[2] The rule is well established that a municipality is not liable for injuries resulting from defects in a sidewalk which are so slight or trivial that they cannot reasonably be anticipated to cause accidents. (Whiting v. City of National City (1937) 9 Cal. 2d 163 [69 P.2d 990]; Balkwill v. City of Stockton (1942) 50 Cal. App. 2d 661 [123 P.2d 596].) [3] If the condition is clearly trivial, then it is not dangerous or defective, and as a matter of law, the city is not liable. (Gentekos v. City & County of San Francisco (1958) 163 Cal. App. 2d 691 [329 P.2d 943].) [4] On the other hand, however, the public is entitled to be protected from even small defects if injury is likely to result from them (Barrett v. City of Sacramento (1933) 128 Cal. App. 708 [18 P.2d 356]), and "The fact that a person has been proximately injured as a result of the defect is some indication that the condition is dangerous or defective. (Balkwill v. City of Stockton, 50 Cal. App. 2d 661 [123 P.2d 596]; Bauman v. City & County of San Francisco, 42 Cal. App. 2d 144 [108 P.2d 989]; see generally 35 Cal.Jur.2d, pp. 296 to 305, §§ 511 to 518.)" (Gentekos v. City & County of San Francisco, supra, at p. 697.)

[5] The court in the Gentekos case further stated that [199 Cal. App. 2d 152] if reasonable minds could differ as to whether the condition was dangerous or defective, then such defect could not be considered trivial as a matter of law. [6] In determining whether or not the condition is dangerous or defective, or merely trivial, all of the circumstances surrounding the condition must be considered in the light of the facts of the particular case. (Beck v. City of Palo Alto (1957) 150 Cal. App. 2d 39 [309 P.2d 125].) [7] In the case at bar, the height differential was slight, namely, 1/2 to 5/8 of an inch, and in many cases an even greater differential has been held to constitute a trivial condition as a matter of law. (Whiting v. City of National City, supra; Balmer v. City of Beverly Hills (1937) 22 Cal. App. 2d 529 [71 P.2d 854]; Sischo v. City of Los Banos (1940) 37 Cal. App. 2d 717 [100 P.2d 305].) However, in the present situation, there were other factors, namely, this was respondent's first sojourn down Lincoln Avenue in this particular direction; the accident occurred at night and the sidewalk was shadowy because of overhead trees; further, the evidence reveals that respondent was walking slowly and apparently did not contribute to the accident in any way. Bearing in mind these circumstances, it would seem clear that reasonable minds could differ as to whether or not the condition was dangerous or defective, or merely trivial. In such a situation, the question was properly one for the trier of fact, and the determination in favor of respondent cannot be overturned on appeal.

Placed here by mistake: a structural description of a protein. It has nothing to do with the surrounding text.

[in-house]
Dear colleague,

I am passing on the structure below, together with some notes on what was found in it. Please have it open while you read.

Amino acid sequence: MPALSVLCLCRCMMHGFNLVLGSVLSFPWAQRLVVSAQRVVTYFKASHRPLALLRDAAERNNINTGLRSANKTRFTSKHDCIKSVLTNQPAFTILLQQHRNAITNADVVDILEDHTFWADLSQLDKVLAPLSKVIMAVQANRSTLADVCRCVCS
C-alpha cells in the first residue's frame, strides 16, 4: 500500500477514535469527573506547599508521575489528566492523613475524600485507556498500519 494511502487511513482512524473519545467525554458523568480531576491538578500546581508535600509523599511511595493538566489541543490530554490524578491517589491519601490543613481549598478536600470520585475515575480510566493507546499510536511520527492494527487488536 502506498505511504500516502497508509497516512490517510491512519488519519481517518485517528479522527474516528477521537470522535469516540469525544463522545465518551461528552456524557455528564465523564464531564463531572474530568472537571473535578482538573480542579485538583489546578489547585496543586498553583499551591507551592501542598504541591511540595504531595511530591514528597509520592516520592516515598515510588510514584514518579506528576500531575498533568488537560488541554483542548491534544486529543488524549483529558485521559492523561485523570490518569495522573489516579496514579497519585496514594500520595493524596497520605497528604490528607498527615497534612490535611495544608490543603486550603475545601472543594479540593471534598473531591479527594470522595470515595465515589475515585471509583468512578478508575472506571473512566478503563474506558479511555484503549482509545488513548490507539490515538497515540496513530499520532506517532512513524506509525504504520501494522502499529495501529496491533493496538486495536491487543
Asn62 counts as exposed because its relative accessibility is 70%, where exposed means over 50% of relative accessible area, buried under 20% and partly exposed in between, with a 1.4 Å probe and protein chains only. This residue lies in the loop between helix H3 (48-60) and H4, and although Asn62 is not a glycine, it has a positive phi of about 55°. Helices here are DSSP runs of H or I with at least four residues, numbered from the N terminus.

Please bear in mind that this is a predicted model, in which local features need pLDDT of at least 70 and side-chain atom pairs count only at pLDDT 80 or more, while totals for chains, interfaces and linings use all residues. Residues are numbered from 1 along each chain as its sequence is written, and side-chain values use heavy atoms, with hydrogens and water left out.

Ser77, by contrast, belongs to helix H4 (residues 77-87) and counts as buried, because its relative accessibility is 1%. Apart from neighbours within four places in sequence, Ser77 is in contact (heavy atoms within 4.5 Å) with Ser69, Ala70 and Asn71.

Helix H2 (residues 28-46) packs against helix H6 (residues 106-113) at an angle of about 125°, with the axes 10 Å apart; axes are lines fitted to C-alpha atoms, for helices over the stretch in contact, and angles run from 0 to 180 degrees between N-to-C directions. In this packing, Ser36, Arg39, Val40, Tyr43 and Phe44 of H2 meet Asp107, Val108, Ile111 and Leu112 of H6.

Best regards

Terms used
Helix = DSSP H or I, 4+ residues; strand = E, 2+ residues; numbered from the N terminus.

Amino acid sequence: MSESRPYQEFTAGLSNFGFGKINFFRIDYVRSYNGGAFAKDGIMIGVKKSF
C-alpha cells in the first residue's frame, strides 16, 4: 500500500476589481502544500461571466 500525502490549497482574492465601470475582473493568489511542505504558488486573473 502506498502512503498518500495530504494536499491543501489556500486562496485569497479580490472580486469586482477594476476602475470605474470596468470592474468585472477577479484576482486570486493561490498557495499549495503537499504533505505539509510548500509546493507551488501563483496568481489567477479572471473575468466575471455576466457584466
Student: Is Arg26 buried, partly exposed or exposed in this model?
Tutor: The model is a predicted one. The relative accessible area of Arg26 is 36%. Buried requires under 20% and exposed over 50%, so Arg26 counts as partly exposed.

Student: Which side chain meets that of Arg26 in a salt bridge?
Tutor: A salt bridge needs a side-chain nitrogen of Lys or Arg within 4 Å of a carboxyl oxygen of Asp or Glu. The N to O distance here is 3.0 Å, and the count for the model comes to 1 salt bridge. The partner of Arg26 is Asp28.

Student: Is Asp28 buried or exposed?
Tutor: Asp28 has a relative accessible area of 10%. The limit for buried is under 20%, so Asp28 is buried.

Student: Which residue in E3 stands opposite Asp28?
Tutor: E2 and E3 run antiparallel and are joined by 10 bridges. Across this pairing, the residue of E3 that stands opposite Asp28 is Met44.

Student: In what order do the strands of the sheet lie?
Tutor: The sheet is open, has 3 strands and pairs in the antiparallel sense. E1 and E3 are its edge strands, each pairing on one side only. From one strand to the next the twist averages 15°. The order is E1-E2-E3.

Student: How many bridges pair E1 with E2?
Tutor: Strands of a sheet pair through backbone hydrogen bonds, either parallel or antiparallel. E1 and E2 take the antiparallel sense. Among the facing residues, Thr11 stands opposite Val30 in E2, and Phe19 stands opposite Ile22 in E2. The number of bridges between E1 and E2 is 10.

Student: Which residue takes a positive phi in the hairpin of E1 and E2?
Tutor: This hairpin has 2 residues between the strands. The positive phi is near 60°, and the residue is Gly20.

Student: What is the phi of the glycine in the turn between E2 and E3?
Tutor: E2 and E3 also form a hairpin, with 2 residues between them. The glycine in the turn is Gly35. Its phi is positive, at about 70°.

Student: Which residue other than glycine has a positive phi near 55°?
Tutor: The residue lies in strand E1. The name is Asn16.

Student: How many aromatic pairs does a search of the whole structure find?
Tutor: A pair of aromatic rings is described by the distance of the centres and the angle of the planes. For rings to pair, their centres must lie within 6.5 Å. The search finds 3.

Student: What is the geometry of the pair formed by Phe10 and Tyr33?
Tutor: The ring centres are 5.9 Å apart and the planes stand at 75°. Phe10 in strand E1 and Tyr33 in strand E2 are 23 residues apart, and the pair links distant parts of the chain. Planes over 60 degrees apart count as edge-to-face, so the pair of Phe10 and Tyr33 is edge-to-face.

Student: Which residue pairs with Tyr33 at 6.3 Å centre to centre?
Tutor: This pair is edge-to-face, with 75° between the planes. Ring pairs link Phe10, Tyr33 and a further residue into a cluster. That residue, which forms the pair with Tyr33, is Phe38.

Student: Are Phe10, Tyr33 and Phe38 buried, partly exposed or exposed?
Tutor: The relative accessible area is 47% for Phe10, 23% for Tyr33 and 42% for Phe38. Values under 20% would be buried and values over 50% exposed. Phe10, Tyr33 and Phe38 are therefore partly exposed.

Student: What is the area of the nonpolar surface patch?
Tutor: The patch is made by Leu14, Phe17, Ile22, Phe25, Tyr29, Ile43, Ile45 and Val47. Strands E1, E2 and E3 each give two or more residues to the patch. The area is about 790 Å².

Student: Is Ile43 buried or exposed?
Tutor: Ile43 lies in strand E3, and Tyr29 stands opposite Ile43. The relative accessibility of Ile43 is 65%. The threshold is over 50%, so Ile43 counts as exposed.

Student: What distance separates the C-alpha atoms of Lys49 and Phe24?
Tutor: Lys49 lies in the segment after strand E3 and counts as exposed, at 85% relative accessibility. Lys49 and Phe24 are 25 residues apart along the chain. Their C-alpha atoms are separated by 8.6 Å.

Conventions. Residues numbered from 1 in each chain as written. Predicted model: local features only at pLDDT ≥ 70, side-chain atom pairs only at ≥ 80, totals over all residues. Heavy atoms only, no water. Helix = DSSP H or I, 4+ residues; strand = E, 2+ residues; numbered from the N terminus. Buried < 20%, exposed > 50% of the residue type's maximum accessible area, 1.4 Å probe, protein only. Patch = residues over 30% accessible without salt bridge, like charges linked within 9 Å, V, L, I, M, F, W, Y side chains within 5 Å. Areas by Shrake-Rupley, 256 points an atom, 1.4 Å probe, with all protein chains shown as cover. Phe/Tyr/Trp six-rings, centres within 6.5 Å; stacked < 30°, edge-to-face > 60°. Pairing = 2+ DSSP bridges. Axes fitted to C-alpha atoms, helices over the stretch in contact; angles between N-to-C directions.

[8] Appellant's second and final contention is that the evidence was insufficient to support a finding that it had notice, either actual or constructive, of the existence of the defect. This contention may not be upheld. The evidence establishes that appellant city learned of a sidewalk defect at 1105 Lincoln Avenue through a survey conducted in 1955. Appellant city's official records contain the notation that the sidewalk at 1105 Lincoln was buckled by a sycamore tree and constituted a trip hazard; the records also indicate that the defect was patched. Certainly under such facts the trial court was entitled to find that the defect was not in fact repaired or that the repairs made did not remove the difficulty. Moreover, even if actual notice of the particular defect in question was not present, the facts do establish that appellant city was aware of the fact that the sidewalk at 1105 Lincoln Avenue had buckled in 1955. Since appellant's records indicate that this buckling was due to a sycamore tree and since there is no evidence that this tree was ever removed, appellant city could [199 Cal. App. 2d 153] have anticipated that additional buckling might occur in the same area.

Judgment affirmed.

Kaufman, P. J., and Agee, J., concurred.